Detail publikace

Monitoring based nonlinear system modeling of bridge–continuous welded rail interaction

Originální název

Monitoring based nonlinear system modeling of bridge–continuous welded rail interaction

Anglický název

Monitoring based nonlinear system modeling of bridge–continuous welded rail interaction

Jazyk

en

Originální abstrakt

The investigation of longitudinal loads and their influence on stresses and internal forces in continuous welded rails (CWR) connected to bridge deck has been discussed intensively in the last 20 years. These discussions originated from the 1995 UIC-recommendation 774-3R, and led to the introduction of the Eurocode 1. These standards are very conservative. For instance, the code used a bi-linear stiffness–displacement law for the validation of the rail–bridge structure interaction and its effects on the rail stresses lead for short bridge spans to rail interruptions. The objective of this paper is to formulate the capacities and boundary conditions of the rail–structure interaction by means of extended numerical linear and nonlinear analyses, which are not fully comprehended in the standard specifications and therefore result in conservative interaction laws. The analyses have been carried out by means of monitoring-based nonlinear finite element modeling using advanced beam–spring interaction laws and specified thermomechanical considerations for capturing the real thermal expansion of bridge structures.

Anglický abstrakt

The investigation of longitudinal loads and their influence on stresses and internal forces in continuous welded rails (CWR) connected to bridge deck has been discussed intensively in the last 20 years. These discussions originated from the 1995 UIC-recommendation 774-3R, and led to the introduction of the Eurocode 1. These standards are very conservative. For instance, the code used a bi-linear stiffness–displacement law for the validation of the rail–bridge structure interaction and its effects on the rail stresses lead for short bridge spans to rail interruptions. The objective of this paper is to formulate the capacities and boundary conditions of the rail–structure interaction by means of extended numerical linear and nonlinear analyses, which are not fully comprehended in the standard specifications and therefore result in conservative interaction laws. The analyses have been carried out by means of monitoring-based nonlinear finite element modeling using advanced beam–spring interaction laws and specified thermomechanical considerations for capturing the real thermal expansion of bridge structures.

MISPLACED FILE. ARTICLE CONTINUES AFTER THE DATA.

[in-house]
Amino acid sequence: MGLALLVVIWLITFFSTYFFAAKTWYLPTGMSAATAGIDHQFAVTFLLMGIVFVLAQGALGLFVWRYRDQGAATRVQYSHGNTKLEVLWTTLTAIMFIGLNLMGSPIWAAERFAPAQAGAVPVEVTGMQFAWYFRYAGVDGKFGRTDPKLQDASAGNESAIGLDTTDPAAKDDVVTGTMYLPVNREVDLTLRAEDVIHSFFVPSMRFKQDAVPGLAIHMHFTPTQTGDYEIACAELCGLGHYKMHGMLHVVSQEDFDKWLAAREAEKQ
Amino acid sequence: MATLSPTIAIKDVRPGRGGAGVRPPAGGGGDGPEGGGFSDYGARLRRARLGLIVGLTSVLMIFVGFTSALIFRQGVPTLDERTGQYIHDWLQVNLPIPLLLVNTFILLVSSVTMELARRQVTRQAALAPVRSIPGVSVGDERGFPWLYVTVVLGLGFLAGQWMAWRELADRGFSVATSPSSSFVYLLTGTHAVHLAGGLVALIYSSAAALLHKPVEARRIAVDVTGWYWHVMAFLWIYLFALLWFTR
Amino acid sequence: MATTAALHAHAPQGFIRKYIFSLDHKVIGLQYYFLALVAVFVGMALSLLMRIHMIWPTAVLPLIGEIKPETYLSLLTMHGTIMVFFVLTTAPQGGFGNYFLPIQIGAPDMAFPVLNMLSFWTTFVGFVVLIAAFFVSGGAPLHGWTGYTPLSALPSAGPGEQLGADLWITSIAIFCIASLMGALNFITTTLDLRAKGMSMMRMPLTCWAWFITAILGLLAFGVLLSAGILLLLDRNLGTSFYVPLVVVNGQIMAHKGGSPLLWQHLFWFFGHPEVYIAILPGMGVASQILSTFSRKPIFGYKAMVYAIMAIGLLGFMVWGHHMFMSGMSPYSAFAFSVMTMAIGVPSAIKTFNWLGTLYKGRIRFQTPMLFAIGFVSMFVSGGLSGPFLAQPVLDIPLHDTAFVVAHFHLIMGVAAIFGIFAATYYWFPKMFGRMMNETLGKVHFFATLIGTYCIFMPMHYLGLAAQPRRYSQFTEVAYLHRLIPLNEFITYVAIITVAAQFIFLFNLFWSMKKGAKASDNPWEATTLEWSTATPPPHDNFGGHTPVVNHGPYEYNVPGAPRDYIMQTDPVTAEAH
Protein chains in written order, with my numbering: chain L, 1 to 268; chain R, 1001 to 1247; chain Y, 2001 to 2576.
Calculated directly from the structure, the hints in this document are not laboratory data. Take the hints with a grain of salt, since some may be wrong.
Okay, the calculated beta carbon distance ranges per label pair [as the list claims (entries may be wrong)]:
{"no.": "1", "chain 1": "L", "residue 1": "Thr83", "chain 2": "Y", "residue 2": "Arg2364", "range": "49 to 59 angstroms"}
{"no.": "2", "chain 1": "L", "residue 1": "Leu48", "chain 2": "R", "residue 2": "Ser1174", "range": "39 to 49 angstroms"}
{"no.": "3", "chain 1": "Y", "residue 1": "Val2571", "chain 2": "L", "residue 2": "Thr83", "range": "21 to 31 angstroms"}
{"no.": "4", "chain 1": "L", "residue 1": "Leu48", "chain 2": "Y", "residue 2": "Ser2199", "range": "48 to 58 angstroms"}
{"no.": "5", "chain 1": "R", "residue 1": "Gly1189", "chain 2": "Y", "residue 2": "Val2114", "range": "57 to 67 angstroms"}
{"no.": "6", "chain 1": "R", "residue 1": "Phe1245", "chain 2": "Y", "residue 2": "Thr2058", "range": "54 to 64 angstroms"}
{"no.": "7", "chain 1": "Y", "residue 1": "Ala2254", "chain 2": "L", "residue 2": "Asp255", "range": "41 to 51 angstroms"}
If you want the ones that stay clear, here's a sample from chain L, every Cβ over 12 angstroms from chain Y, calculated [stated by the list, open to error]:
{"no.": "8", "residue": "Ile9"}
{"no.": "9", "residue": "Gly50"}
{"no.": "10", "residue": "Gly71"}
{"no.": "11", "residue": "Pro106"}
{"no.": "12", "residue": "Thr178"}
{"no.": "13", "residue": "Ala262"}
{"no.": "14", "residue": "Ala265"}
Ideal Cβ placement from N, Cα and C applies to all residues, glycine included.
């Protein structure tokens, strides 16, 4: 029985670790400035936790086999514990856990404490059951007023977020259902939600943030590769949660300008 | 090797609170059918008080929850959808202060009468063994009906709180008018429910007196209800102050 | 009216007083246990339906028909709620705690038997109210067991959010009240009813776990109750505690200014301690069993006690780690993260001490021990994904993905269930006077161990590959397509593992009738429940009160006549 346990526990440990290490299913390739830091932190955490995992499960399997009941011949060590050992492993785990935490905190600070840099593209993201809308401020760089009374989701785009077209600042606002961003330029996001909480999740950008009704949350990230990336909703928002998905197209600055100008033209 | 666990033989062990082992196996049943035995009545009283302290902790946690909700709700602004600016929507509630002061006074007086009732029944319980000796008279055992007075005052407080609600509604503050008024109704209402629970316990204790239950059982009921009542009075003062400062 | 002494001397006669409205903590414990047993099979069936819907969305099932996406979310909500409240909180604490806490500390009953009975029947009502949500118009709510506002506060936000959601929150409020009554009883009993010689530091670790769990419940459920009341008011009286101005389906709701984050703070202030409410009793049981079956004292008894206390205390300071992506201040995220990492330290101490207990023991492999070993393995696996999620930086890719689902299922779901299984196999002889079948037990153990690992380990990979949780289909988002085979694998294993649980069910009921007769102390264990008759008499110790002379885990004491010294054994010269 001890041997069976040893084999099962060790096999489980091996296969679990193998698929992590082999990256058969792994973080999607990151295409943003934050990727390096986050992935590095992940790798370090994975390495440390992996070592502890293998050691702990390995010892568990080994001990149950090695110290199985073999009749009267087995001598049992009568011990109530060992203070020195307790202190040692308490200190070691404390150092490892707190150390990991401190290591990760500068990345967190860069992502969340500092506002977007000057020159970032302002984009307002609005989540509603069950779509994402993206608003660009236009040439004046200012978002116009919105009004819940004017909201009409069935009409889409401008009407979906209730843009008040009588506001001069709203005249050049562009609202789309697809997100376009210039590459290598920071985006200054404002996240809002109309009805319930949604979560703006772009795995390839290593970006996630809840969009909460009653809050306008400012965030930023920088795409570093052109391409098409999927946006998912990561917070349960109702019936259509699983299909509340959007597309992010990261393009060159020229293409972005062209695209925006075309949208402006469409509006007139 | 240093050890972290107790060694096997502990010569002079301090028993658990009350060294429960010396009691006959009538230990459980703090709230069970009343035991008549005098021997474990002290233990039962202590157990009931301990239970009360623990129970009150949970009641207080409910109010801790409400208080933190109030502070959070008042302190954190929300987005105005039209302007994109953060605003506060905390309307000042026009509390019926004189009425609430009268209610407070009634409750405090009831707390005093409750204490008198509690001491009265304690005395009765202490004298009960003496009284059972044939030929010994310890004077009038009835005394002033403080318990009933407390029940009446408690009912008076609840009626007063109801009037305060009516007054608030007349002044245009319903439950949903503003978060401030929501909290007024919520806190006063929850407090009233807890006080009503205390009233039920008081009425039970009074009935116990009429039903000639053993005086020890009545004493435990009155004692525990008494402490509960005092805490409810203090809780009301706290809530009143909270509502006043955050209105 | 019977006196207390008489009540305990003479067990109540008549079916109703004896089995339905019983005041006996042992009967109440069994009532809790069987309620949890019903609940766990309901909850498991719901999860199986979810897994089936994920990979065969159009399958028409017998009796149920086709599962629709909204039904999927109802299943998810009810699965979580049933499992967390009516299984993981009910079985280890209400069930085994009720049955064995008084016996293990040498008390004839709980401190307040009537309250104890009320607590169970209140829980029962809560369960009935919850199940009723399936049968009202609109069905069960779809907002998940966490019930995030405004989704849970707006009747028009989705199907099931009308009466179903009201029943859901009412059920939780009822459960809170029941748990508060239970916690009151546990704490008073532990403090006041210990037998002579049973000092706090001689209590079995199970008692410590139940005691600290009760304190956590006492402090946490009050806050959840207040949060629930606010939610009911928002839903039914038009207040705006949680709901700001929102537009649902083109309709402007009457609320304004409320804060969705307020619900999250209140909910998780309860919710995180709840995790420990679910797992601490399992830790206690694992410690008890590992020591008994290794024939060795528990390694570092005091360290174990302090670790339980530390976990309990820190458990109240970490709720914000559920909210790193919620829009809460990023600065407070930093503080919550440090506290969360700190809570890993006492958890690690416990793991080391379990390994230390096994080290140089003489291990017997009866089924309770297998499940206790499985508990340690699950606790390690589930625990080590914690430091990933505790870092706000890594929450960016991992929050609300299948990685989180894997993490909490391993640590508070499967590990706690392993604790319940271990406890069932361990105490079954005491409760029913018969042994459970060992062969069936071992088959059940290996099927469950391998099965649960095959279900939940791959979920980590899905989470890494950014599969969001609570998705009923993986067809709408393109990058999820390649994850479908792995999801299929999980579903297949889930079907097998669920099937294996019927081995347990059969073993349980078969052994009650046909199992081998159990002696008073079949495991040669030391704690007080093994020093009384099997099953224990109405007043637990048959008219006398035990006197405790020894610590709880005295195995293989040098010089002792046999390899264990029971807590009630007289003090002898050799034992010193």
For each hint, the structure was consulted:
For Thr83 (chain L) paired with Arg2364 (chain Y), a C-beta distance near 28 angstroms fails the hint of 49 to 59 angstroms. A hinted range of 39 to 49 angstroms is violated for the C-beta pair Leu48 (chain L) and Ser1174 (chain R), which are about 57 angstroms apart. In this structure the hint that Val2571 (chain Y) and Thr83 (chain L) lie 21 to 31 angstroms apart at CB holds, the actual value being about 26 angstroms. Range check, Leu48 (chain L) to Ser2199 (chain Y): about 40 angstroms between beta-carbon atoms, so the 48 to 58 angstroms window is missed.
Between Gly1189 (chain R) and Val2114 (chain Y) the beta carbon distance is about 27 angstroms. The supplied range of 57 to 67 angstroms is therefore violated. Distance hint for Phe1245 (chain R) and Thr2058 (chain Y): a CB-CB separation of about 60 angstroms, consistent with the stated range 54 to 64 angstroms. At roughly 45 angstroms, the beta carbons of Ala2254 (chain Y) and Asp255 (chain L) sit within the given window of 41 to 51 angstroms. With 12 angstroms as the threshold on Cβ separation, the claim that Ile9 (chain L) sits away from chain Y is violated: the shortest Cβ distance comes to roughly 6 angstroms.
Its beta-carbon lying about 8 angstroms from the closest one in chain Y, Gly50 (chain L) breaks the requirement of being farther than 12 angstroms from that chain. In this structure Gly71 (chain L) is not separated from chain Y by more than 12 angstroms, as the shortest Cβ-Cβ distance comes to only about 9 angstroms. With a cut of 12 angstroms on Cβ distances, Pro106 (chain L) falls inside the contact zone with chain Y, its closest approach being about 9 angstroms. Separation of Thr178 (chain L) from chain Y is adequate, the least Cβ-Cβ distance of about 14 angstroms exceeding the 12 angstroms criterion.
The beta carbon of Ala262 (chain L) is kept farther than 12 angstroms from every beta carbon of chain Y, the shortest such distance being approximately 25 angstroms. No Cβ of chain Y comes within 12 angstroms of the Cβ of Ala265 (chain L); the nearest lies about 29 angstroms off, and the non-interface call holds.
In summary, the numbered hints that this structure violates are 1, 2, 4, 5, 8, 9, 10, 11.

BibTex


@article{BUT143571,
  author="Alfred {Strauss} and Saeed {Karimi} and Martina {Šomodíková} and David {Lehký} and Drahomír {Novák} and D.M. {Frangopol} and Konrad {Bergmeister}",
  title="Monitoring based nonlinear system modeling of bridge–continuous welded rail interaction",
  annote="The investigation of longitudinal loads and their influence on stresses and internal forces in continuous welded rails (CWR) connected to bridge deck has been discussed intensively in the last 20 years. These discussions originated from the 1995 UIC-recommendation 774-3R, and led to the introduction of the Eurocode 1. These standards are very conservative. For instance, the code used a bi-linear stiffness–displacement law for the validation of the rail–bridge structure interaction and its effects on the rail stresses lead for short bridge spans to rail interruptions. The objective of this paper is to formulate the capacities and boundary conditions of the rail–structure interaction by means of extended numerical linear and nonlinear analyses, which are not fully comprehended in the standard specifications and therefore result in conservative interaction laws. The analyses have been carried out by means of monitoring-based nonlinear finite element modeling using advanced beam–spring interaction laws and specified thermomechanical considerations for capturing the real thermal expansion of bridge structures.",
  chapter="143571",
  doi="10.1016/j.engstruct.2017.10.053",
  howpublished="print",
  number="1",
  volume="155",
  year="2018",
  month="january",
  pages="25--35",
  type="journal article in Web of Science"
}